The past couple of months life has been teaching me a lesson on getting rid of things that no longer serve me. In life we have a tendency to sometimes cop out to “that’s the way we’ve always done it” or “that’s how I was taught” or we fear change so greatly that we keep doing the same thing over and over again and complain about how painful it is. I mean, in general, humans are kinda stupid.
Let me clarify what I’m talking about by giving you a couple of examples of things I have switched up recently.
Where’s the Fire?
As a worker, I pride myself on the fact that I am fast and efficient. When a project comes across my desk, my aim is to get it done quickly because I don’t want to hold up the progress of someone else. Over the course of my career, my emphasis on this has served me well and is part of the skill set that has allowed me to secure promotions within all the companies that I have worked.
However, recently, I’ve been having to redo several tasks, either because I missed a detail, made a typo or was too quick to reply without getting all the facts of the situation.
Once I noticed that the mistakes were happening at a more frequent pace, I started ruminating on what could be the cause. Were people just being too picky? Am I not as sharp as I used to be? Do I have a shitty attitude and just don’t care anymore? There may be some truth in each of those theories, but the easy answer was staring me right in the face.
It took a new employee at the company to make me realize what I needed to do. This person is very thorough in her work. She researches everything fully and will not respond until she feels completely confident in her reply. Because I have an opposite approach, she was actually getting on my nerves taking so long to reply, therefore holding up my work.
She was also the one catching most of my mistakes. Defensively, I wanted to complain that she was being a pain in the ass. But when I calmed down and thought about it, I realized her method kept her from making silly mistakes. She was doing a more thorough job than I was, which is hard to admit to after a twenty plus year career.
Because I’ve been doing the “get it done quick” thing for a long time, it’s going to take a while to train myself out of it. I can still be efficient, I just don’t have to do it at laser speed. So first step is to stop multitasking. I work on one thing at a time now and don’t stop to check an email that just came in. I finish what I’m doing and then prioritize what I should work on next. What I’m working on gets my FULL attention and gets rechecked before going out. Happy to report that mistakes are rarely made anymore.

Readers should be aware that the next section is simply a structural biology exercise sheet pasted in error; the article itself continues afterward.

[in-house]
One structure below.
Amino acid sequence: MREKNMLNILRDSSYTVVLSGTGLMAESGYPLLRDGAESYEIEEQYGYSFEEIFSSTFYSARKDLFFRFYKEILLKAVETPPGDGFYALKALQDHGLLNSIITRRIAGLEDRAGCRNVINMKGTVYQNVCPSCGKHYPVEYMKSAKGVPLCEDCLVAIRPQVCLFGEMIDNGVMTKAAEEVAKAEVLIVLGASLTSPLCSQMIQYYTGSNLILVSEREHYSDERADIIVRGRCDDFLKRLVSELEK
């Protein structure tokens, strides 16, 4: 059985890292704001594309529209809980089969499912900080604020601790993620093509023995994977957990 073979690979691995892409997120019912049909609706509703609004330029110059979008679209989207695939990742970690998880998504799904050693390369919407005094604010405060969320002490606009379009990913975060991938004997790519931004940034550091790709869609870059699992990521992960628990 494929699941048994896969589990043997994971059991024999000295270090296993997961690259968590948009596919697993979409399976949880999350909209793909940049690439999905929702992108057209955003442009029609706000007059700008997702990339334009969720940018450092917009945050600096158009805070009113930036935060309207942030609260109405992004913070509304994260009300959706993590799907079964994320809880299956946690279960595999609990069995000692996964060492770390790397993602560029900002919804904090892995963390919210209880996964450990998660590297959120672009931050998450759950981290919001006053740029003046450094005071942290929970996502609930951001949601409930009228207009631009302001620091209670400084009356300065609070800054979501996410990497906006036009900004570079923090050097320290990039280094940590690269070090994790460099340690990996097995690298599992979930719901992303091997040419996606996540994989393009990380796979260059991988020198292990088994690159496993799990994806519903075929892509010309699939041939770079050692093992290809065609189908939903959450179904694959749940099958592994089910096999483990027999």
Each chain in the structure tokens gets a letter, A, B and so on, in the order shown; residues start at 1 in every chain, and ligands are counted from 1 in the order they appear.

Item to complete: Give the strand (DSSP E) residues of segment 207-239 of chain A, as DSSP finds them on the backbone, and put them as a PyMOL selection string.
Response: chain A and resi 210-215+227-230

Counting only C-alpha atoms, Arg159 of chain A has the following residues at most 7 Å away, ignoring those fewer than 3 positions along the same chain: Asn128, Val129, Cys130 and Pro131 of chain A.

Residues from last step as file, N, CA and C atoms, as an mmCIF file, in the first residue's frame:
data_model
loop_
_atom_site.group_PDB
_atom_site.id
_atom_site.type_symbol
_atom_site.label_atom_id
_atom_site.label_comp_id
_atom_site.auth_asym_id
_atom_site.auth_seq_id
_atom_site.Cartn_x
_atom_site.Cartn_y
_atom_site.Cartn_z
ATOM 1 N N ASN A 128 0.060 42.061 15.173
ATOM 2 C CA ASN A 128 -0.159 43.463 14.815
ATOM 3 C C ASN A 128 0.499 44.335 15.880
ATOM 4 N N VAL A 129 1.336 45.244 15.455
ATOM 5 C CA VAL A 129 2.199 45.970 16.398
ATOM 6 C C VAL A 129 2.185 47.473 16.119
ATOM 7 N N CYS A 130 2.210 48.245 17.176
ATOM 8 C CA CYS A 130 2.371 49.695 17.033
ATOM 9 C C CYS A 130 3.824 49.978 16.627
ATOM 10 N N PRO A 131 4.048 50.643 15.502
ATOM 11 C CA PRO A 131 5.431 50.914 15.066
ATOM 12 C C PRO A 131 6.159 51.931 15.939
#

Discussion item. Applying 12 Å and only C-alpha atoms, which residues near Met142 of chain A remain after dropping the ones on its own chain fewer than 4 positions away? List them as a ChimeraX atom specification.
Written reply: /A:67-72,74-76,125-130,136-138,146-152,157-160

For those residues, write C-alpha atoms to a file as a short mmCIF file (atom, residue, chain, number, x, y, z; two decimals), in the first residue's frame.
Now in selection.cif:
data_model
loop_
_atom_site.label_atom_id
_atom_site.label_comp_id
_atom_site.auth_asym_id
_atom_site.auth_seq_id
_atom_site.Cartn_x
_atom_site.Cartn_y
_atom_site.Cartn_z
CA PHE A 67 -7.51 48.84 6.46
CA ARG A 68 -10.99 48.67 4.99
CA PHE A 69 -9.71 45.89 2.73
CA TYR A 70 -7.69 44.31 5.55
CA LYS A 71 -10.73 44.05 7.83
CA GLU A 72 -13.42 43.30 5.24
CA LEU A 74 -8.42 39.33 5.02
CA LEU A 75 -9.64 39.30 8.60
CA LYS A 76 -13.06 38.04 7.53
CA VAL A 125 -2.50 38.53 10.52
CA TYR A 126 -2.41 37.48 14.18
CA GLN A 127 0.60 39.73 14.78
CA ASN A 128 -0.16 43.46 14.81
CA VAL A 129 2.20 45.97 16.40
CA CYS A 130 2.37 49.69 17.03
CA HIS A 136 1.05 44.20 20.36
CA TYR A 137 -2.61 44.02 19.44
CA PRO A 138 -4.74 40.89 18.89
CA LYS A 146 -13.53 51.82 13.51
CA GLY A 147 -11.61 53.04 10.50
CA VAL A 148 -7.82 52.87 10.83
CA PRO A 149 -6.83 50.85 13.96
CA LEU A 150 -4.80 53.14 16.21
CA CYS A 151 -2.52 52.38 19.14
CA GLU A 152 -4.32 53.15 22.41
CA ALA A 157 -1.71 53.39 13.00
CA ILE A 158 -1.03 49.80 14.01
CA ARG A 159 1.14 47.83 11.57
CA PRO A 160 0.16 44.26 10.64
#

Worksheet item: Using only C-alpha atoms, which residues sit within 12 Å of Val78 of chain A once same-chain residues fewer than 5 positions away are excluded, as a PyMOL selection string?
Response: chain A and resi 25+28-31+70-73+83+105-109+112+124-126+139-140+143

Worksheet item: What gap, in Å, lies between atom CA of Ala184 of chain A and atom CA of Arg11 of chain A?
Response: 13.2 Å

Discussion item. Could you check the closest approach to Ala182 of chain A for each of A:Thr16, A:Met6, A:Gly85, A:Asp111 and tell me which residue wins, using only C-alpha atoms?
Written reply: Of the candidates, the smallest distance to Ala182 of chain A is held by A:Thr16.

Why Do You Get Here So Early?
When I started at my present job over five years ago, my daughter was in high school and didn’t have a driver’s license. Because my job has some flexibility and employees are allowed to start work anytime between 6AM-9AM, it was convenient for me to be able to get to work early and be off by around 3PM. That way I could pick her up from school and take her to her after school job. Later on, when she got her driver’s license, it changed to getting home early so she could borrow the car.
I am not a jump-out-of-bed, ready-to-face-the-day kind of person. When my alarm would go off at 5AM, my first thought was usually “Fuck!”. Getting out of bed, I would immediately run around to get ready for work as quickly as possible, so I could get downtown and snag a parking spot close to the office. By the time I walked through the doors, I was feeling frazzled and some days it took everything I had just to be civil. Then as soon as work was over, it was rush home to trade off the car or run somewhere else before I could finally slow down and decompress.
My daughter has had her own car for about a year and it didn’t dawn on me until about a month ago, that I no longer needed to get up early. That I could actually change my routine to better suit ME now. I hate mornings, so why am I still getting up and rushing into work, when I don’t have to?
So I stopped setting my alarm. I wake up when I want, get out of bed when I want, and do whatever I want to ease into the day. Sometimes I drink a cup of tea and flip through social media. Sometimes I get up and do some yoga followed by some meditation. Most days, I even take the dog for a walk before leaving for work. And no more rushing to get ready. I take my time. I may change my outfit ten times, it doesn’t matter anymore because I no longer feel the need to rush.
There are only two cons to coming in later. One – I now have to deal with the morning traffic into downtown. Second – I have to park farther away from the office. But honestly, because I’m more chill, these two things are not bothering me at all. I have found that I actually enjoy the walk into the office. It gives me even more time to prepare myself mentally for the day. My coworkers can attest to the change in my attitude. (Not sure whether to be proud of that or cringe that I was that bad before.)
My point is this – if something is consistently making your life difficult, then question everything about it to see if there is any other approach you can take to make it better. Life is hard, you owe it to yourself to make anything you can easier. Trying a new way of doing something is more constructive than bitching about it.
Questioning my whole life now.